Healthcare Series: Myths of RunningSep 21st, 2015
By: Andy and Natalie Fenton, Fleet Feet Louisville
It seems like a simple task. Since the beginning of time, animal chases man, man runs. Man chases woman, woman runs. Running is in our DNA. It is simple! So then why is it so complicated, difficult and painful?
Modern running as a form of exercise is a fairly new concept, emerging out of the running boom in the 70’s. Running as a sport has emerged from a fringe sport for crazy people into the most popular adult athletic activity in the United States. So with all the popularity and attention, why is it that running still has an incredibly high injury rate and so many people struggle to meet their goals? I want to lay out a few myths that many people have bought into and which running culture even tends to perpetuate that are keeping us from enjoying this sport to its fullest.
MYTH 1: Running is Cheap
If you’ve been running for any length of time you’ve probably already busted this myth yourself. However, I think there is more to this belief than what it says on the surface. Yes, running is not cheap in that you have items to purchase like shoes, running clothes, socks and race entry fees. These items add up, and if you manage to stay healthy, you’ll find that they are also recurring. So if it’s so obvious on the surface that running is not cheap, what about this myth continues to hurt runner after runner, besides their pocket book? The problem I see often is sacrificing the quality of the product for the quantity on the price tag. Did you know? 1. The cushioning in running shoes that have been sitting on a retail shelf (or in your closet) has already begun breaking down even if they’ve never been worn. 2. Rotating multiple pairs of (different) running shoes into your rotation will not only help both pairs last longer, there is scientific evidence that it will help you avoid injury. 3. When it comes to clothes and socks, material and thread count matter. Most of the “cheaper” options out there are made with cheaper materials (including cotton which acts like a sponge for moisture when you sweat) and have substantially lower thread counts which means they are much less efficient at wicking away moisture.
Bottom Line: Invest in yourself, invest in your sport. It may cost a little more in the moment but it will pay off in your health and sanity.
MYTH 2: There is a PERFECT running shoe for me
Again, with this myth, there are multiple layers to this untruth. First of all, I often see this myth lead to an unhealthy view of the shoe as the ultimate “problem” or “solution.” With running there are a lot of moving parts, and while the shoe may be a part of the problem or solution, it is rarely the only thing going on. The second problem here is that once you find your “SOUL mate” you feel you can never deviate from it. I see people all the time hunting down a model of a shoe that was made 5 years ago because that was “the ONE.” Did you know? 1. The main predictor for foot health in running as it relates to shoes is comfort. If someone tells you that a certain shoe will fix all your problems but it doesn’t feel good, run away (literally). 2. Nearly every running shoe on the market updates at least once per year. Often, shoe designers will move from company to company, technology will change, and the new version of your shoe may be completely different than the one you have now. 3. As with Myth 1, old shoes wear out even if you don’t wear them.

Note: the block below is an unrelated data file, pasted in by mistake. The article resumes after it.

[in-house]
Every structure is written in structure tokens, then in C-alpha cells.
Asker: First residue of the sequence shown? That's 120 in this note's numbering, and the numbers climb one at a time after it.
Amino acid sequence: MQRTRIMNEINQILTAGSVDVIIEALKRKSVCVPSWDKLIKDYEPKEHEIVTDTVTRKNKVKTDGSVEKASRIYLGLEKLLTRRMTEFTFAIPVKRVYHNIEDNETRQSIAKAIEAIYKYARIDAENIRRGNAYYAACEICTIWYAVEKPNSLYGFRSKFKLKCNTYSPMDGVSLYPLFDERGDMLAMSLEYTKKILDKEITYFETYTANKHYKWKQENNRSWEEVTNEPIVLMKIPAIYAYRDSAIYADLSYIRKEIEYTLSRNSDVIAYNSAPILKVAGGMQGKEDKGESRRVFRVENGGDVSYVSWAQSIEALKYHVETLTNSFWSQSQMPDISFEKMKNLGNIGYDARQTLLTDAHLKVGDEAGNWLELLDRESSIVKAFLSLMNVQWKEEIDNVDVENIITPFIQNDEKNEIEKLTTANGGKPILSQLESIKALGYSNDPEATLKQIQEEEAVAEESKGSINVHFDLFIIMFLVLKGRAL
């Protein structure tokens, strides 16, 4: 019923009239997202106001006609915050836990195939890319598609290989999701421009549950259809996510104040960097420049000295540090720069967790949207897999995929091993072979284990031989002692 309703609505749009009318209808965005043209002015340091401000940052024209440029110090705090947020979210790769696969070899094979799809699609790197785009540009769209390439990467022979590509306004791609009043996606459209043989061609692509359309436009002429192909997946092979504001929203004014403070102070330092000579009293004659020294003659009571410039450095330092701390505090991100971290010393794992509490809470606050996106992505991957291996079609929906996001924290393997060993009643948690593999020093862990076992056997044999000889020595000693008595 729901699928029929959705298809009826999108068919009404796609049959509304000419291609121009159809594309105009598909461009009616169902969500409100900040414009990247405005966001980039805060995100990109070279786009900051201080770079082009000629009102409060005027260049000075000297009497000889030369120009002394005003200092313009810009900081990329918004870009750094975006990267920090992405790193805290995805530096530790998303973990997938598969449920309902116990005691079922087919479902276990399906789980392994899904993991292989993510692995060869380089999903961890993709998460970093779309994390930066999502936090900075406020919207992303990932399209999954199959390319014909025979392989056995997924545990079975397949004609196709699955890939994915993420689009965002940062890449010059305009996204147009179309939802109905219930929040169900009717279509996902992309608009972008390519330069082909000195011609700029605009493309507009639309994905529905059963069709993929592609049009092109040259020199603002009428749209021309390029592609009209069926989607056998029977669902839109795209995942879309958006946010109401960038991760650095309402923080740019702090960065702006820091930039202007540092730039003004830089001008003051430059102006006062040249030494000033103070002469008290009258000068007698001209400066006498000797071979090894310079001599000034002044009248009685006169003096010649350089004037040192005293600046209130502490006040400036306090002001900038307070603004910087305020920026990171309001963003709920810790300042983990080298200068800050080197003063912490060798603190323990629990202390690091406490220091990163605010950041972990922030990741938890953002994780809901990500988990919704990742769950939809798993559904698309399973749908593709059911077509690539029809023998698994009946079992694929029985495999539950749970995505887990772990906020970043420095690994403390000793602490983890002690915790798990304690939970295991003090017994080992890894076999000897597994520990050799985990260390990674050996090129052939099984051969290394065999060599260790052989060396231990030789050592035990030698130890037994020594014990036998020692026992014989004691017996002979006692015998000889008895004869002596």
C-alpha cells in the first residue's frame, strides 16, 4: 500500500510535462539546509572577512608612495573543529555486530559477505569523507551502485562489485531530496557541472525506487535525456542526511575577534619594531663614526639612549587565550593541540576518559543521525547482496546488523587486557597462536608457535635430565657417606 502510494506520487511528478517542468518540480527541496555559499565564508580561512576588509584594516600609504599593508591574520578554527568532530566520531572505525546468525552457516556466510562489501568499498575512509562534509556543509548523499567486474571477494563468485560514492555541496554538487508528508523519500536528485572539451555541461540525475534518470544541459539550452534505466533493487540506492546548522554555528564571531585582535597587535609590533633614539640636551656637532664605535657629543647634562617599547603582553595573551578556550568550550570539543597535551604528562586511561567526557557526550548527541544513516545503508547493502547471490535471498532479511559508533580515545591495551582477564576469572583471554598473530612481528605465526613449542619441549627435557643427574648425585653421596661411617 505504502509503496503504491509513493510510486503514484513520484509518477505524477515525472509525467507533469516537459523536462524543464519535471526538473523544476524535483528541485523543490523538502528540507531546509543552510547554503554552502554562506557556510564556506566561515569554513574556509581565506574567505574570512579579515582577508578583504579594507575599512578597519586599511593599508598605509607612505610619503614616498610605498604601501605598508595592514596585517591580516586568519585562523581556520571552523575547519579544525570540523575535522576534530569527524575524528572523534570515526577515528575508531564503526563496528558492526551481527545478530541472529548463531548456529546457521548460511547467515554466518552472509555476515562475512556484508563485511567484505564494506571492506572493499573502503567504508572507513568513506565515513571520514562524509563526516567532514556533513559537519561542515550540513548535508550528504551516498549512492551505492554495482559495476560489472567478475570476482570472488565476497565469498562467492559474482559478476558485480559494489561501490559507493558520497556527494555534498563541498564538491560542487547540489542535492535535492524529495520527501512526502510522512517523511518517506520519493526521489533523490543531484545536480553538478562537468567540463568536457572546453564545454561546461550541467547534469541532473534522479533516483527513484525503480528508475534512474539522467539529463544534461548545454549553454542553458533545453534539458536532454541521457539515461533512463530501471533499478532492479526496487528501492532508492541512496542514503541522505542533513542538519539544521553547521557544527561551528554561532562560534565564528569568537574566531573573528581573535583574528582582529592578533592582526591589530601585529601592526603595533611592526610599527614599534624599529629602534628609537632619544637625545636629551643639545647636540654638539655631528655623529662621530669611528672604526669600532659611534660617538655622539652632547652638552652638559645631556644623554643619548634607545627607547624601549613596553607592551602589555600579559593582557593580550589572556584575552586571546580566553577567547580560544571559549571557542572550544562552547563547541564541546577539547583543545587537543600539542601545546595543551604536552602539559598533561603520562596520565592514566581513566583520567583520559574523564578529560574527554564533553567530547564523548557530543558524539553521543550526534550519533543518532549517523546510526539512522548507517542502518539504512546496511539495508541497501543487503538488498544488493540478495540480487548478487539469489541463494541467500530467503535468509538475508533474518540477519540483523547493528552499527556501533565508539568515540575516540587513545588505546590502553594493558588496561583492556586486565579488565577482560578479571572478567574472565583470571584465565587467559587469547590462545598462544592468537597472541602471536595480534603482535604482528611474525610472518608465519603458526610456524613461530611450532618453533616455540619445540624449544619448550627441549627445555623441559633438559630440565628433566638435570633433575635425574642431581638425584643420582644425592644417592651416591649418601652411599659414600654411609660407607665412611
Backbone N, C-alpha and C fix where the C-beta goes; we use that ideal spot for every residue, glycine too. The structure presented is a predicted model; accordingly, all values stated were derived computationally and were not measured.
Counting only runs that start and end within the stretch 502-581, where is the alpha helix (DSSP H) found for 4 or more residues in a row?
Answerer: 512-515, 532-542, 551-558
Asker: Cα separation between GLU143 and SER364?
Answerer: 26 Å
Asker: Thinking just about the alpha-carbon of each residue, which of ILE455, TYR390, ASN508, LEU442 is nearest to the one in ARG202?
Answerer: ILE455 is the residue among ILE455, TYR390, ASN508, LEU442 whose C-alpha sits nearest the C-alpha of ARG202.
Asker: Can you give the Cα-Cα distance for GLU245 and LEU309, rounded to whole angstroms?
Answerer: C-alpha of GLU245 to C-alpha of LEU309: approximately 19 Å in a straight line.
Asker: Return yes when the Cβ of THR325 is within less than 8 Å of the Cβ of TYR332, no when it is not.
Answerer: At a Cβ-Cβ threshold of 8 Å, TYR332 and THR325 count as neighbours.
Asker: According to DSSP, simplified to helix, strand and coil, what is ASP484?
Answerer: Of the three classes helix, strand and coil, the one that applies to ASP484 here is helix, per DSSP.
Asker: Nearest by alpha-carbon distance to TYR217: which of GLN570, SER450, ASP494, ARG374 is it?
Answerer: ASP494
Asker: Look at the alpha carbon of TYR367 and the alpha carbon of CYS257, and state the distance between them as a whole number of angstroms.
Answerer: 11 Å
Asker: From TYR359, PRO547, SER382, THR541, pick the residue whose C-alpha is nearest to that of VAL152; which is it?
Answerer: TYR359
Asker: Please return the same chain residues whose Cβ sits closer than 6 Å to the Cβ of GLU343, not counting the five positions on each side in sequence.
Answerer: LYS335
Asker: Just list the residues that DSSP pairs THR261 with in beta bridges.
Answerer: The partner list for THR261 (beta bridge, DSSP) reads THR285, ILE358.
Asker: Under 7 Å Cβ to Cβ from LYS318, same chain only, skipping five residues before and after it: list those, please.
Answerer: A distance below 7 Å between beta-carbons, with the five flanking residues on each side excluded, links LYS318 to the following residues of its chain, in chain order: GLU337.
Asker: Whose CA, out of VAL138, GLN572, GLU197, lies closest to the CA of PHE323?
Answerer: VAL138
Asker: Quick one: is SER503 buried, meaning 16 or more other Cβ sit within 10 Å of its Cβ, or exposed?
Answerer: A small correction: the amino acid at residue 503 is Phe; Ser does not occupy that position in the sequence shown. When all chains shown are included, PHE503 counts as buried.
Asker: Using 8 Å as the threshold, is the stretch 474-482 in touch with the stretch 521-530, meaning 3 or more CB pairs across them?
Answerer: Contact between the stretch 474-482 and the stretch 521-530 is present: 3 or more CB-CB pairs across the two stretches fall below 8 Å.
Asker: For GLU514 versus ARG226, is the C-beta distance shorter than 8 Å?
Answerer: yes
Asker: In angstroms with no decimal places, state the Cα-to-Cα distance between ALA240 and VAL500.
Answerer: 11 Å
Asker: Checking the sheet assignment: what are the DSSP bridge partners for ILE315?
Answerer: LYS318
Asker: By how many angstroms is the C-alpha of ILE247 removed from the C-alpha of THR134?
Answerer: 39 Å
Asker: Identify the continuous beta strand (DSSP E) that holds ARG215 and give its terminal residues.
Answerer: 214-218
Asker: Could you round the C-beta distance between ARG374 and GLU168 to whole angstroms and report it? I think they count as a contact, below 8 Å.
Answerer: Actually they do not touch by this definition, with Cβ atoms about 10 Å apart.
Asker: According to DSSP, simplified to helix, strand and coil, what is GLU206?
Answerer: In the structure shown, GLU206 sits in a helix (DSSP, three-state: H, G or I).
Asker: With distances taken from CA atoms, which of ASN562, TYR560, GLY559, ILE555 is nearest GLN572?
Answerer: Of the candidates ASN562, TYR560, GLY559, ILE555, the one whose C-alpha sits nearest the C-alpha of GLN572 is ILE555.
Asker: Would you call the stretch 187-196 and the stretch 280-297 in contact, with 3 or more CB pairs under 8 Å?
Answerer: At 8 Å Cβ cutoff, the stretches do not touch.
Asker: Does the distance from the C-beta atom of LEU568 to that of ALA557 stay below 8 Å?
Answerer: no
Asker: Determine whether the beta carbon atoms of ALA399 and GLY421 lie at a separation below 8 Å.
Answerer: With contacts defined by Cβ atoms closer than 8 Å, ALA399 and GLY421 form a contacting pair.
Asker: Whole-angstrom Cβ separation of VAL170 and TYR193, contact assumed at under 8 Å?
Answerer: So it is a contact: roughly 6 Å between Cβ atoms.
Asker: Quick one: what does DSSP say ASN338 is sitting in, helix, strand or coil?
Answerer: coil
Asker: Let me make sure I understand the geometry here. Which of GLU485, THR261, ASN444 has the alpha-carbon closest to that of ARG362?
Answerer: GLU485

Bottom Line: Get help from a specialty running store employee with what types of shoes will work best for your running style, and then try a few things out to see what feels best. And don’t go hunting down a new pair of those Asics you bought in 2008, please, just don’t.
MYTH 3: Running is easy
You may be laughing at this point, but underneath the “duh” your collective running injury collection just gave out, I think most people still hold this view to some degree. Consider the amount of preparation and work we put into other sports: the types of varied practice, the required warm-ups, and the amount of literature written on the subjects that participants seek out for help. When it comes to running, we tend to think we can just “wing it.” Many of the most common running injuries that I see come from the fact that runners only run and they always run the same way. They don’t put any thought into their form, the surfaces they’re running on, the fact that they never move side to side, or the types of workouts they do on a weekly basis. Each of these factors can have a huge impact on your physical health and even varies from person to person. It doesn’t necessarily have to be complicated, but it should be intentional. Did you know? 1. Many running related injuries could be easily solved by introducing a couple forms of cross training into your routine. 2. When you run, you generate anywhere from 3-5 times your body weight in force into your feet. That means the biomechanics we use and the surface we land on matter, a lot. 3. Runners who set a goal and create a plan to accomplish tend to be more successful at meetings their goals than those who don’t.
Bottom Line: Take advantage of the resources that are available to you, set goals, and stick to a plan. Consider varying up your work outs by changing the surface (try trails), the intensity (speed and hill work) and the distance (if you’re always running easy, try a shorter distance at a quicker pace).
About the Series
The YPAL Healthcare Blog Series, sponsored by Norton Healthcare, is part of the new Healthy YP Initiative, which will focus on the health and well-being of our Louisville Young Professionals. This blog series will feature various young professional bloggers in our community sharing their stories on health, wellness, nutrition, fitness and healthy lifestyles.